I preface this entry by admitting I am 65-years-old, and I have developed a somewhat fixed set of cultural values. Oh hell, let's get down to it. I am a geezer who finds some changes increasingly difficult to endure. But, I also acknowledge I have little sense of modern fashion, art, or vogue concepts. If you are young, I promise one day you will reevaluate the fads and manners you followed in your youth. I say this from my own experience because so many of my early amusements now seem extremely juvenile and even downright regrettable.
Which brings me to … tattoos.
A 2010 Pew Research Center Report found that 38 percent of Americans ages 18-29 now have some sort of long-term body art. According to the Statistic Brain Research Institute, approximately 21,000 tattoo parlors in the U.S. provide services, and 32 percent of those with tattoos claim they are addicted to ink.
Why do so many young people – especially beautiful girls – become addicted to getting tattoo after tattoo? I understand the nature of pushing envelopes and how acquiring body art raises adrenaline. Combine the thrill with the desire to display a little “naughty” visibility on the canvas, and some young ladies can't seem to stop their desire to ink their bodies with words, symbols, and pictures. Exhibitionism fallen woman
One thing is for sure: Women who get body art are, in some way, seeking to redefine themselves.
Enter psychology. Getting tattooed can be an act of rebellion and a breaking of conventions. Some claim to love the endorphins that flood the body during tattooing while others even say they find solace in the pain the process produces.
Getting inked can be a form of attention seeking, especially when the tattoos are very conspicuous and very graphic. Due to the popularity of tattooing, it also can be an effective method of facilitating social interactions. Yet, I can see this as a possible cause of isolation also.
But, as with most popular fashion, I am sure young women think more about physiological reasons for having tattoos. The growing cultural acceptance of body art and the increasing media exposure of those with ink have created an insurgence of tattoo-related art and artists. To many women, tattoos represent a deep love of expression of what they consider to be beautiful, artistic freedom. To some, the more tattoos, the more beautiful becomes the display on their personal canvasses.
I also understand that tattoos have significant meaning. Ink becomes a self-satisfying way of expressing who people believe themselves to be on this inside. These people often use stock expressions, quotes, and poems to bolster body illustrations.
Yet, people age and change -- their self-images, their physical bodies, and their concepts of aesthetics transform. The permanence of bold expressions on human skin can cause deep regret. Don't even ask me how many young, extreme liberals I grew up with became staunch conservatives as they aged. And, removal of body art is costly and can be painful.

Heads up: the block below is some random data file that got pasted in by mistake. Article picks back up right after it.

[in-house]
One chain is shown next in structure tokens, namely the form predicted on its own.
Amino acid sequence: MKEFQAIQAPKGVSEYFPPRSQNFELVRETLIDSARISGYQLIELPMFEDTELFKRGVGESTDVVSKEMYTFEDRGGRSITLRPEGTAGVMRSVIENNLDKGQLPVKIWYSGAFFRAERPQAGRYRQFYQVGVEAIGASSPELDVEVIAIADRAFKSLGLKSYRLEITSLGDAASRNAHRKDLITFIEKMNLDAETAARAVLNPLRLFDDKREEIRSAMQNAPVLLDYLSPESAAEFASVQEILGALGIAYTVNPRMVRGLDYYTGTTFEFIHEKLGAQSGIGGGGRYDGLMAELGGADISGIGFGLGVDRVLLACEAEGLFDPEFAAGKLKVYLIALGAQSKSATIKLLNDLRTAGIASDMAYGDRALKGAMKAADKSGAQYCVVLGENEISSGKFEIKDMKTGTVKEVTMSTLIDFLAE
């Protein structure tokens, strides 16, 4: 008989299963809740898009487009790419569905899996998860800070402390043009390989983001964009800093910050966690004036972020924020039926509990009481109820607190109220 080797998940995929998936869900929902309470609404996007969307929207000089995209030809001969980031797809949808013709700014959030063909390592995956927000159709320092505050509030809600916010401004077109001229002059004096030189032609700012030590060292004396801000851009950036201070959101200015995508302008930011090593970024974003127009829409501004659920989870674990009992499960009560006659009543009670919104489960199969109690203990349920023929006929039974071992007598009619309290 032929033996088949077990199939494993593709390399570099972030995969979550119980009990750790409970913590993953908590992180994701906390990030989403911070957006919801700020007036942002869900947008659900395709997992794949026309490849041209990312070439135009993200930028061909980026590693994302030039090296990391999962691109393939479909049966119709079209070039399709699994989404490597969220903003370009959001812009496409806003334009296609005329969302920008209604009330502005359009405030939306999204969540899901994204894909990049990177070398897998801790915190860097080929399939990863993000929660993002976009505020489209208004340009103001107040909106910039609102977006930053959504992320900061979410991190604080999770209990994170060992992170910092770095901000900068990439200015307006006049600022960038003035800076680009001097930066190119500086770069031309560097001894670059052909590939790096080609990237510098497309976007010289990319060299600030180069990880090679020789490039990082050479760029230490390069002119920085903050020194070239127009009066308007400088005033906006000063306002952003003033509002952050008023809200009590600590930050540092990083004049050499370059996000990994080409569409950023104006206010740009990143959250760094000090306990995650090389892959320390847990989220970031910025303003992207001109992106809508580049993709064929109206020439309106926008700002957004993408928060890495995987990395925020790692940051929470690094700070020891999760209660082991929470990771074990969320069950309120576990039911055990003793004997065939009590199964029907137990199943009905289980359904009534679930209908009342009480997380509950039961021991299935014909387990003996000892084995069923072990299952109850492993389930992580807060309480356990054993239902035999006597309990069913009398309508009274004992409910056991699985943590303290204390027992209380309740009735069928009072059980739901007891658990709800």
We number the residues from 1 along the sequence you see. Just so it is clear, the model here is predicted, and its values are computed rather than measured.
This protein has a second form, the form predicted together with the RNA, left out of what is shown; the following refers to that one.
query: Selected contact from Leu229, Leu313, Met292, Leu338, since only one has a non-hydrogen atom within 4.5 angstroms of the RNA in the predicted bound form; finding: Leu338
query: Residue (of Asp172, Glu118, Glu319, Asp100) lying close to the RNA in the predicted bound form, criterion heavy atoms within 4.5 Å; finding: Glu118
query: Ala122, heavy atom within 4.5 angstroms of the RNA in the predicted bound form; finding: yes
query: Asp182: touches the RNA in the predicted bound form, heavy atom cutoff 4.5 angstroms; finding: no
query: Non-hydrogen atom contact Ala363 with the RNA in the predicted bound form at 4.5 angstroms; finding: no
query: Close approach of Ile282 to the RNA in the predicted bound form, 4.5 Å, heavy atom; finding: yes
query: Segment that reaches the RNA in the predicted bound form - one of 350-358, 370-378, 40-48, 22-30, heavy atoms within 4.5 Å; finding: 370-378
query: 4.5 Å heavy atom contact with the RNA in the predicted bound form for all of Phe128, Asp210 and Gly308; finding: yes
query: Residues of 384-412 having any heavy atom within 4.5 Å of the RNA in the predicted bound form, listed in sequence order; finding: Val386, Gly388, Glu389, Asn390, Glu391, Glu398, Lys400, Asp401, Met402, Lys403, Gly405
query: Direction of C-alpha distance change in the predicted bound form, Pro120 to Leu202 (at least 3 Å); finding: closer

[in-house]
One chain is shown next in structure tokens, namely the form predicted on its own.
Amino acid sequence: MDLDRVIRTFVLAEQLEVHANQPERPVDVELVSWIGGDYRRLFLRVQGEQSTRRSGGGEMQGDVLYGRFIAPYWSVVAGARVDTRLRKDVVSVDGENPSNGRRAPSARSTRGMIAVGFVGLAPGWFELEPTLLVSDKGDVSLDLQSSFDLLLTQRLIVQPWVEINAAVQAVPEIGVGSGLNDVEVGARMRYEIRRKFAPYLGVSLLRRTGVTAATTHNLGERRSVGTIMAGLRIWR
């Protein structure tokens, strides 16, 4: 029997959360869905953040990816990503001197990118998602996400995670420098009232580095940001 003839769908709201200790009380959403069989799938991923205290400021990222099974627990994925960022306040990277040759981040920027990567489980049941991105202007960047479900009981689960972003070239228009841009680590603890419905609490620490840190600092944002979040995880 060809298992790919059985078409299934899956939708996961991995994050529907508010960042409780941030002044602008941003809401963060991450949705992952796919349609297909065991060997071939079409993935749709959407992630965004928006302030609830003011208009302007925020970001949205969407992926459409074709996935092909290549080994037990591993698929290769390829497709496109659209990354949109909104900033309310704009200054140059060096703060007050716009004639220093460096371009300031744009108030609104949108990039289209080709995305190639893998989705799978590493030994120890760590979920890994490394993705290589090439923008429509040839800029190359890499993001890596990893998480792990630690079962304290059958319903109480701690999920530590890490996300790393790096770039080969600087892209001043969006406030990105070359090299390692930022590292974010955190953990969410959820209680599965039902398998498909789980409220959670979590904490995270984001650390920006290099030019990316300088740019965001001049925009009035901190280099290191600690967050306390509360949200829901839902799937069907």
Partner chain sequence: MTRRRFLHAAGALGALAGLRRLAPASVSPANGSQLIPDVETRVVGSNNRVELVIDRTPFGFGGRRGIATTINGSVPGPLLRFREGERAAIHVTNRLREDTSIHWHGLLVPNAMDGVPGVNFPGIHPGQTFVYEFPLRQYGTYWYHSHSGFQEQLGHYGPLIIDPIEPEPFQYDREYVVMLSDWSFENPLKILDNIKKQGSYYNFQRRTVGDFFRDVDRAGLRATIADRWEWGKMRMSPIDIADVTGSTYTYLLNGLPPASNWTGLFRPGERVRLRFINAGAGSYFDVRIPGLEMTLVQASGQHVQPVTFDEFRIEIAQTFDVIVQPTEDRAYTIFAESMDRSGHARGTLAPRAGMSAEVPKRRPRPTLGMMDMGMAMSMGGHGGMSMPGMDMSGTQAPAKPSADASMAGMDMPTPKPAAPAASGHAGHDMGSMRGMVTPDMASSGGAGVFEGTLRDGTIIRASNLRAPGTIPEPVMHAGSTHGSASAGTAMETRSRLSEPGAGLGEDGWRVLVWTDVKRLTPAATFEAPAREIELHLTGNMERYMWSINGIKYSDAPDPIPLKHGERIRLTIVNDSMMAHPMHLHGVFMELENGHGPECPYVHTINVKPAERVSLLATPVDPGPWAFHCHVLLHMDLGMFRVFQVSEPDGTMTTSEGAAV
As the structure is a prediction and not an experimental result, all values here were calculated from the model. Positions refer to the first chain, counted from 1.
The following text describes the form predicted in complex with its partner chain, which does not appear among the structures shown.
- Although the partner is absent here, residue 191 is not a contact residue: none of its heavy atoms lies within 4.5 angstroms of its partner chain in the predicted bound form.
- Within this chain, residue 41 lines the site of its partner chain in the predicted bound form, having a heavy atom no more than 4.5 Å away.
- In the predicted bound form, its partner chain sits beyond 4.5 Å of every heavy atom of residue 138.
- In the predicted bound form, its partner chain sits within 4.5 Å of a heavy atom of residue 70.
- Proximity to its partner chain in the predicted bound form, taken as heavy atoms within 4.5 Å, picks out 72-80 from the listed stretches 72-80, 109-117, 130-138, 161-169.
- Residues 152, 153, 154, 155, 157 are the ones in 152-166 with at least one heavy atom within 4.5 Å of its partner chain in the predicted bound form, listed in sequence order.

I believe it is logical that many people question how naturally beautiful women could indelibly mar a lovely canvas by such subjective, artificial means. Hear me out, young folks. This is a pertinent question, and it always has been. Critical judgment by others is a part of life, and nothing can change the fact that getting a tattoo was once considered self-mutilatory behavior.
Living with the real consequences of choosing to display body art must be considered …
“Vintage salon owner ReeRee Rockette, 30, experiences extreme reactions to her extensive arm tattoos: 'I get a lot of positive feedback on my tattoos, although they seem to make people forget their manners. I get stroked, poked and touched by strangers – usually women – and it’s very unsettling. The negative reactions are quieter; stares and pointing, or questions tinged with passive aggression. I have had women at parties tell me why they don’t like tattoos. Despite me never asking.'
“'This has something to do with cultural expectations of what’s feminine,' explains Gemma Angel, from UCL’s History of Art department. 'A dainty little rose is an acceptably discreet decoration, but an entire back piece is much more confronting. The difference between these two examples is that one is about adorning the female form, perhaps to accentuate femininity, whereas the other is more about the tattoo itself – the body becomes a canvas onto which the person’s idea of themselves is projected. I think that Western standards of beauty do not accommodate heavily tattooed women because, like any form of body modification taken to an extreme, it disrupts the ideal of what is feminine.'”
(Anita Bhagwandas.“Women and Tattoos.” Stylist. 2016.)
“A tattoo on a beautiful woman is like putting
a bumper sticker on a Ferrari.”
I know many will hate this unattributed quote. Yet, like it or not, a stigma survives. A young woman would have to be in total denial if she thought tattoos weren't going to have a significant positive or negative impact on people she doesn't know well. And some of the variables that elicit judgment are the following:
How many tattoos does a person have?
What size are the tattoos?
Where on the body are the tattoos located?
In addition, right or wrong, people judge the behaviors of the tattooed. In actuality, some research has been done on those with body art that may reinforce those judgments.What behaviors are found to be consistent with women who are tattooed?
Research shows that body modification is associated with early sexual initiation and more liberal attitudes toward sexual behaviors but not with engaging in risky sexual behaviors.
(K. Nowosielski, et al. “Tattoos, piercing, and sexual behaviors in young adults.
J Sex Med. 2012.)
In another stody, British researchers report significantly lower appearance anxiety and dissatisfaction immediately after obtaining a tattoo. Participants report significantly greater body appreciation, self-esteem, distinctive appearance investment, and self-ascribed uniqueness three weeks after obtaining a tattoo. But, women report significantly greater social physique anxiety three weeks after obtaining a tattoo, whereas men report significantly lower anxiety, and satisfaction with a new tattoo decreases significantly after three weeks, although a majority of respondents believe they are likely to get a future tattoo.
(Viren Swami. “Marked for life? A prospective study of tattoos on appearance anxiety and dissatisfaction, perceptions of uniqueness, and self-esteem.” Body Image. Volume 8. June 2011.)